What does working with large data sets in mySQL teach you ? Of course you have to learn a lot about query optimization, art of building summary tables and tricks of executing queries exactly as you want. I already wrote about development and configuration side of the problem so I will not go to details again.
Two great things you’ve got to learn when working with large data things in MySQL is patience and careful planning. Both of which relate two single property of large data sets – it can take hell a lot of time to deal with. This may sound obvious if you have some large data set experience but it is not the case for many people – I constantly run into the customers assuming it will be quick to rearrange their database or even restore from backup.
You need Patience simply because things are going to take a lot of time. Think about 500GB table for example – ALTER TABLE make take days or even weeks depending on your storage engine and set of indexes, Batch Jobs can take quite similar time. Binary Backup and restore will be faster but it can still take hours especially if database is already loaded. So operating wit such large databases you need to be patient and learn to have bunch of tasks running in the background while you’re doing something else.
You need Careful Planning because if you do not plan things properly you easily get into the trouble as well as because you can’t often use simple “online” solutions but have to do more complicated things instead. You typically can’t simply run ALTER TABLE because table will stay locked for too long you would need to do careful process of ALTERing table on the slave and switching roles or some other techniques. You can’t run many simple reporting queries because for MyISAM they will lock tables for very long time and Innodb can get too many old row versions to deal with which can slow down some queries considerably. You need to be planning for your handling of crashed MyISAM after power failure as check and repair may take long hours (this is indeed one of the big reasons to use Innodb even if you do not care about Table Locks or transactions).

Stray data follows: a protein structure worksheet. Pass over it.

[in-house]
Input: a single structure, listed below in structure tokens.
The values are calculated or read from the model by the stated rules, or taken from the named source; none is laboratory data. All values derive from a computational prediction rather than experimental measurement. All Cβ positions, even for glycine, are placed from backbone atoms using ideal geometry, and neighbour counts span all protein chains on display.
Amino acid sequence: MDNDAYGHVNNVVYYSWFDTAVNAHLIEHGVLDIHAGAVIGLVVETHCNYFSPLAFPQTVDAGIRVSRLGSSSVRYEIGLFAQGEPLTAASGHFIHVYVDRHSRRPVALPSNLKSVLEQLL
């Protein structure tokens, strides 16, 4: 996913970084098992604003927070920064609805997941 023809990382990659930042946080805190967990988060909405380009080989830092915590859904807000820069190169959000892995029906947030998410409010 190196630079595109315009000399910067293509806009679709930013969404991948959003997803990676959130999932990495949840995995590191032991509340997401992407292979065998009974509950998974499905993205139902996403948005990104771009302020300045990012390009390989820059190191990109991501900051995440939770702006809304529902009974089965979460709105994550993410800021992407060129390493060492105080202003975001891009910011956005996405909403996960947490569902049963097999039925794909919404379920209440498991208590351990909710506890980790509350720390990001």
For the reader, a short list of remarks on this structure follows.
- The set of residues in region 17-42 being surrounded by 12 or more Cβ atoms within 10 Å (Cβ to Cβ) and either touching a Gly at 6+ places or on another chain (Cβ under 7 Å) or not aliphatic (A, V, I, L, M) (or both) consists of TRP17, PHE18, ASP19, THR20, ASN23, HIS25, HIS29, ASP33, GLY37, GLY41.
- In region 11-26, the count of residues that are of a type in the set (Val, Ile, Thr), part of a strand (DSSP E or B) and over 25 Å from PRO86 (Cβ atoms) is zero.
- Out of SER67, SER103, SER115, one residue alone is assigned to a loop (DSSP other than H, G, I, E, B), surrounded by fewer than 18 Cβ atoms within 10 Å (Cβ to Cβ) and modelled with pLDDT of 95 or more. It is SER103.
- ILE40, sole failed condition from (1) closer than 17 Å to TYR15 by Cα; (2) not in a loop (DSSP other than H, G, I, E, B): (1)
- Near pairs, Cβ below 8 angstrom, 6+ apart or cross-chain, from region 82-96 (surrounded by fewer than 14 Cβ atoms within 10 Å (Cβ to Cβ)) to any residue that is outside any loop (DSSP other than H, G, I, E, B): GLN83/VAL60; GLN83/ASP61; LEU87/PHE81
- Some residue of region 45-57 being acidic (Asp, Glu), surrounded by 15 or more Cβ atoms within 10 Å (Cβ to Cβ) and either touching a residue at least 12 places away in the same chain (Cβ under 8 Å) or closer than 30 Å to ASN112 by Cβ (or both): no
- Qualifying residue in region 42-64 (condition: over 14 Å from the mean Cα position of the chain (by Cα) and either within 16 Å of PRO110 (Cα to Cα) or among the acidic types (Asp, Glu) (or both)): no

Besides these various trips and gotchas you simply need to plan carefully how you’re going to alter your database because it takes a lot of time and may require waiting for maintainance window or bringing the site down. If you have tiny 1GB table you pretty much can use trial and error approach even for production – found some bad queries fixed them by adding indexes and got back to fix some more. For large data sets this does not work and you really need to have some playground with smaller data sets to play with different schema designs and index structures… this however results in the challenge as results you’ve gotten for small data set may not apply to large data set so you need to re-test your “final design” again with large set.
One thing I often find people miscount is assuming data management operations will be proportional to the database size. Say it takes 30 minutes to alter 10GB table so it will take 5 hours to alter 100GB one. It can be close to that if you’re lucky but it can be much much slower if you’re not. Many operations require certain size of table to fit in memory for decent performance. Typically it would be some portion of Index BTREE (even MyISAM which builds “normal” indexes by sort builds primary key and unique indexes using keycache) If it does not performance may drop performance order of magnitude.
This is actually one of the reasons I try to keep data in smaller tables whenever possible. But this is something I’ve written about in another article.